In Mexico, new groups offer aid to a young generation of deported DREAMers

5/26/2019 – NPR

By Lulu Garcia-Navarro and Peter Breslow

codeA new generation of migrants is arriving in Mexico: young adults who were born in Mexico, raised in the United States and are now returning — some voluntarily, some by force — to the country of their birth. They’ve been dubbed “Generation 1.5.”

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The return of the DACA fight in Congress, explained

05/24/2018 Vox

dacaCongress looks like it’s about to get into another contentious, high-stakes, nearly impossible-to-resolve fight over young unauthorized immigrants brought to the US as children, known as DREAMers.

More and more members of Congress are signing on to a discharge petition, which would force votes on several legislative fixes for the Deferred Action for Childhood Arrivals (DACA) program in the House. The Trump administration decided to fully sunset DACA in March, though the fate of the program has been held up by court rulings.

Rep. Jeff Denham (R-CA) says he has enough support to force floor votes on immigration, but he continues to negotiate behind closed doors with leadership to find a compromise bill.

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Judge Permits Government to Appeal DACA Lawsuit

04/30/2018 The New York Times

dreamersA federal judge in Brooklyn gave permission to the government on Monday to appeal his recent decision that allowed two lawsuits seeking to preserve a program that shields some undocumented young adults from deportation to cite President Trump’s “racially charged language” against Latinos.

The decision by the judge, Nicholas G. Garaufis, presents an opportunity for the United States Court of Appeals for the Second Circuit to weigh in on a central legal question in the case that has divided federal courts in the past several months: Can controversial statements that Mr. Trump made on the campaign trail be used in litigation against his actions as president?

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DACA ruling further complicates complex legal path forward

04/25/2018 CNN

daca.jpgDACA may have won a court victory Tuesday night, but the decision only makes the legal path forward murkier.

The complexity only adds to the likelihood DACA will remain intact for many months if not longer, despite President Donald Trump’s initial plan to begin its termination in early March.

A federal judge in Washington became the third judge to say the Trump administration has failed to adequately justify its decision to end the Deferred Action for Childhood Arrivals program, which protects young undocumented immigrants who came to the US as children. Judge John Bates, however, went further than judges who have preliminary put the end of the program on hold and ordered the administration to renew DACA permits, by ordering the administration to begin accepting new applicants unless it can issue a new memo justifying its decision that satisfies him within 90 days, at which point the ruling will take effect.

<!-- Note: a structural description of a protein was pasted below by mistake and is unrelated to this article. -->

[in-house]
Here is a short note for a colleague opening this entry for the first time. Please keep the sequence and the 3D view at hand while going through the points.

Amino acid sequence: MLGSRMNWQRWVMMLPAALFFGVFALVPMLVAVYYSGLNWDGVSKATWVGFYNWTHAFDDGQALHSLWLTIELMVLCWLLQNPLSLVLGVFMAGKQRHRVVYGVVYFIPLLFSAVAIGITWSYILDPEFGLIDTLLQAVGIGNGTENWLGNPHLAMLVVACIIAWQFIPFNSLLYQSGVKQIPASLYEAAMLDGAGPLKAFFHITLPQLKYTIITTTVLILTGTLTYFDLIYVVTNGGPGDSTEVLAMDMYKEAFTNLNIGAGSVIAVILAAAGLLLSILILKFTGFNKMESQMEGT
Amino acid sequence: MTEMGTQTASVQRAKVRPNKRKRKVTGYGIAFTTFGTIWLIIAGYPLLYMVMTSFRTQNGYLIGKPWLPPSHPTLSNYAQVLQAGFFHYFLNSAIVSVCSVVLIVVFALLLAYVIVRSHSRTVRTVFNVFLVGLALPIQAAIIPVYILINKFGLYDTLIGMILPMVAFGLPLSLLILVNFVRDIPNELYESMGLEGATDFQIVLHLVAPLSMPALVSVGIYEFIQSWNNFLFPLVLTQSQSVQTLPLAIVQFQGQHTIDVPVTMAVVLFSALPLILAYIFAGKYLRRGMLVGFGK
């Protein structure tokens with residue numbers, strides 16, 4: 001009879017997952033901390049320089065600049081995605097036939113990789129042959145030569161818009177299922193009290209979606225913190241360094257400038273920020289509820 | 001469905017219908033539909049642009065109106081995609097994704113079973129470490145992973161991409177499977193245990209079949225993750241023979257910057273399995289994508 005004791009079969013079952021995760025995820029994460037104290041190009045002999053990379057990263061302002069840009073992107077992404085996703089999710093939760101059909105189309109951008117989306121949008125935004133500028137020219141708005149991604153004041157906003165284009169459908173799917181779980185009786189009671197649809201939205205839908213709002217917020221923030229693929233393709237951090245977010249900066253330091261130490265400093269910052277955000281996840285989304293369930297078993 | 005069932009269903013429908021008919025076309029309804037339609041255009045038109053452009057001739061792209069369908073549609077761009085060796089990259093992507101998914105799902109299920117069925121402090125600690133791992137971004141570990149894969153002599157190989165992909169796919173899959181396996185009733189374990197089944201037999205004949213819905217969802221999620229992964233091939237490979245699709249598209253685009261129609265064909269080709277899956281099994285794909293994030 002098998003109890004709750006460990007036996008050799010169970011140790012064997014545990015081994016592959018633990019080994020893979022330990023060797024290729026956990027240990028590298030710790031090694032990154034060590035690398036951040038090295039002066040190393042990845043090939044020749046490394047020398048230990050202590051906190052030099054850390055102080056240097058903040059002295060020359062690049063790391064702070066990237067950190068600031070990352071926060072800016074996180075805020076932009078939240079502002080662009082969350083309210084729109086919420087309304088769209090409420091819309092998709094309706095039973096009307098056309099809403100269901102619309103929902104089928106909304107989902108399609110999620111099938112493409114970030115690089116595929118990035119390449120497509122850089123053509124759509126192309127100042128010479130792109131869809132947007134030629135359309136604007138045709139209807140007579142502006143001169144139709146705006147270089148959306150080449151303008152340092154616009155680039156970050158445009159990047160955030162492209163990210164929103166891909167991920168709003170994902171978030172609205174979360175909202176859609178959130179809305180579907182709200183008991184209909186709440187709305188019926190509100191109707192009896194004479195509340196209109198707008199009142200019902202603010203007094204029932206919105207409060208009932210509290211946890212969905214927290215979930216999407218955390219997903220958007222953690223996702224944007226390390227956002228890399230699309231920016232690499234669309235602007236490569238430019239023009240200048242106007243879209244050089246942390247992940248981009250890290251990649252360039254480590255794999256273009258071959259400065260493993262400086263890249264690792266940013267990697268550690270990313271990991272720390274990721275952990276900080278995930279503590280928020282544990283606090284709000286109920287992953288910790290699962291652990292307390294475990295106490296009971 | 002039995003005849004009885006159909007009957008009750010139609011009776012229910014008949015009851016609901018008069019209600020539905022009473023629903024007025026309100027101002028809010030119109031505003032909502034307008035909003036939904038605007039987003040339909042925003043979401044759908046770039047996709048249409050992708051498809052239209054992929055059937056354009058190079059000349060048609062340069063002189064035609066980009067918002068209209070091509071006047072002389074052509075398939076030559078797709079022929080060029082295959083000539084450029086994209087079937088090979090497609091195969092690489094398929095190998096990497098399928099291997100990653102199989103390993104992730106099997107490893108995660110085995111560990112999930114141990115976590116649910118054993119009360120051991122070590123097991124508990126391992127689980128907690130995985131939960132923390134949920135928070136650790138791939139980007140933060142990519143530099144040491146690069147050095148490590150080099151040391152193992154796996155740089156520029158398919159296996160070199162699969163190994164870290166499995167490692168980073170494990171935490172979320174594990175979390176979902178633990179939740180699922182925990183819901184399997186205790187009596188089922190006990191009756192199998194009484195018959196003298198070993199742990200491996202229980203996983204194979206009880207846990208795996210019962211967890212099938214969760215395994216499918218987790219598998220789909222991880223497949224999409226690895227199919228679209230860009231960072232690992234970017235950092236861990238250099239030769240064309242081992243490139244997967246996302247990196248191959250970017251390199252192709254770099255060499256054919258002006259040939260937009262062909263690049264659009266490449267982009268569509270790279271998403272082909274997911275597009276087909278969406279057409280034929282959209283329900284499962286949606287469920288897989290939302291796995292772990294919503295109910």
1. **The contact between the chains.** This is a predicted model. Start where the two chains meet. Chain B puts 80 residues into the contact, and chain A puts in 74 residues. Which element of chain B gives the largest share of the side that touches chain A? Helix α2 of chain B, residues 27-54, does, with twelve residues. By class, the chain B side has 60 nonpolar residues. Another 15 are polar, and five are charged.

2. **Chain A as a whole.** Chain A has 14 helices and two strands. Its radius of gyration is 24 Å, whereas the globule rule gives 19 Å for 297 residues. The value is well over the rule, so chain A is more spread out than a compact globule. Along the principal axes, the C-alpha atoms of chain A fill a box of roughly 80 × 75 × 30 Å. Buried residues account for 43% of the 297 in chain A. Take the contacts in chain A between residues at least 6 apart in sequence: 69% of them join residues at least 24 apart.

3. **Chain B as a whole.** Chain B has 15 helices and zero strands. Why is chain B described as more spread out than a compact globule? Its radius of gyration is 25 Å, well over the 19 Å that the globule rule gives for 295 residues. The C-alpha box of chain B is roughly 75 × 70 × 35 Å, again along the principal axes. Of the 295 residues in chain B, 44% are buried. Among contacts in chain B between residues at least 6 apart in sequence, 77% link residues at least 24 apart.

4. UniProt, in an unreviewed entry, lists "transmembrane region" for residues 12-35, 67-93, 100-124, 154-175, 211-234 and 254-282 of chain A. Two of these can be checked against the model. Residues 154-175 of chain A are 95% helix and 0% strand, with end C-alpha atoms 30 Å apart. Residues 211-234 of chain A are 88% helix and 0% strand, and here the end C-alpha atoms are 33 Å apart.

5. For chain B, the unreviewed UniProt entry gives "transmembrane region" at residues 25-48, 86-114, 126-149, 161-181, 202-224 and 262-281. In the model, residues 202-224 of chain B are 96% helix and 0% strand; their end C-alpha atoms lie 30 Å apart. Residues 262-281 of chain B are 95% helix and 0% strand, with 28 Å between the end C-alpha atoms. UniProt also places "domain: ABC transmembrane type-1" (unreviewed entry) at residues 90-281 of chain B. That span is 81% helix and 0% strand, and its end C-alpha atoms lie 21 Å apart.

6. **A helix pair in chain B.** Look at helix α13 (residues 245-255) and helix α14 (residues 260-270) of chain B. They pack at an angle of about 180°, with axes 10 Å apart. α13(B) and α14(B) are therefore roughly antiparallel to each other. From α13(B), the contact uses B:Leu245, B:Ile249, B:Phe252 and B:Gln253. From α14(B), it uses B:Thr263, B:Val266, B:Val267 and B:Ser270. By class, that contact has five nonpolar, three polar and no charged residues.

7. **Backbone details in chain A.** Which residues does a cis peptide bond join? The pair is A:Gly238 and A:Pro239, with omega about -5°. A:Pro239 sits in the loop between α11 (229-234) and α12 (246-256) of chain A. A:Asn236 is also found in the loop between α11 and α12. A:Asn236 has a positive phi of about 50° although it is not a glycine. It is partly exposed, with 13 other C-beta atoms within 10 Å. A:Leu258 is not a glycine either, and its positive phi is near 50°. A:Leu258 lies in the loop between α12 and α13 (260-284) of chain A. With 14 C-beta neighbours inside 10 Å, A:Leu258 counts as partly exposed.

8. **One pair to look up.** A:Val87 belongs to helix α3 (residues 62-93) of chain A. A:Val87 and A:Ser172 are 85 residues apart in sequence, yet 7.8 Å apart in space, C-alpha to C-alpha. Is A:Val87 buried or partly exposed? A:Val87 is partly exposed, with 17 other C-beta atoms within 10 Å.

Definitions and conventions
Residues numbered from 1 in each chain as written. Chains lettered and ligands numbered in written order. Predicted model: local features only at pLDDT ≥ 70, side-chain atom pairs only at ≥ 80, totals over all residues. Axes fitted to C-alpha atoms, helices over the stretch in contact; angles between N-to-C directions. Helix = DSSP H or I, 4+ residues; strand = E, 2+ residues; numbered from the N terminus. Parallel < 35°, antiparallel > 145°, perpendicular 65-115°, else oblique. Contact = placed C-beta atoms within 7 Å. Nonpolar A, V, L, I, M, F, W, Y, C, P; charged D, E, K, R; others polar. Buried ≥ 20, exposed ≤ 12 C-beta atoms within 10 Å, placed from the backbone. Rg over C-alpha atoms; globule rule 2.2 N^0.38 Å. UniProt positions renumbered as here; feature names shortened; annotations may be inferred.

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For Thousands of ‘Dreamers,’ It Has Been a Wild Ride. And It’s Not Over Yet.

04/25/2018 The New York Times

dreamFor many of the young undocumented immigrants whose futures have seemed to be hitched to a roller-coaster in recent months, Wednesday was a day of unusual hopefulness: The night before, a federal judge had signaled his readiness to open applications once again for a program that protects some young undocumented immigrants, known as Dreamers, from deportation and allows them to work.

“First thing this morning, I opened up my email to find inquiries from potential applicants. We’re telling them to get all their paperwork together, let’s get ready,” said Fernanda Durand, communications manager at Casa, an immigrant advocacy organization. “This is the first ray of hope that these Dreamers have had in a very long time.”

Not so fast, she had to tell her clients. Judge John D. Bates of the Federal District Court in Washington wasn’t going to make his order effective for 90 days. Much could change in the meantime. It might not happen at all.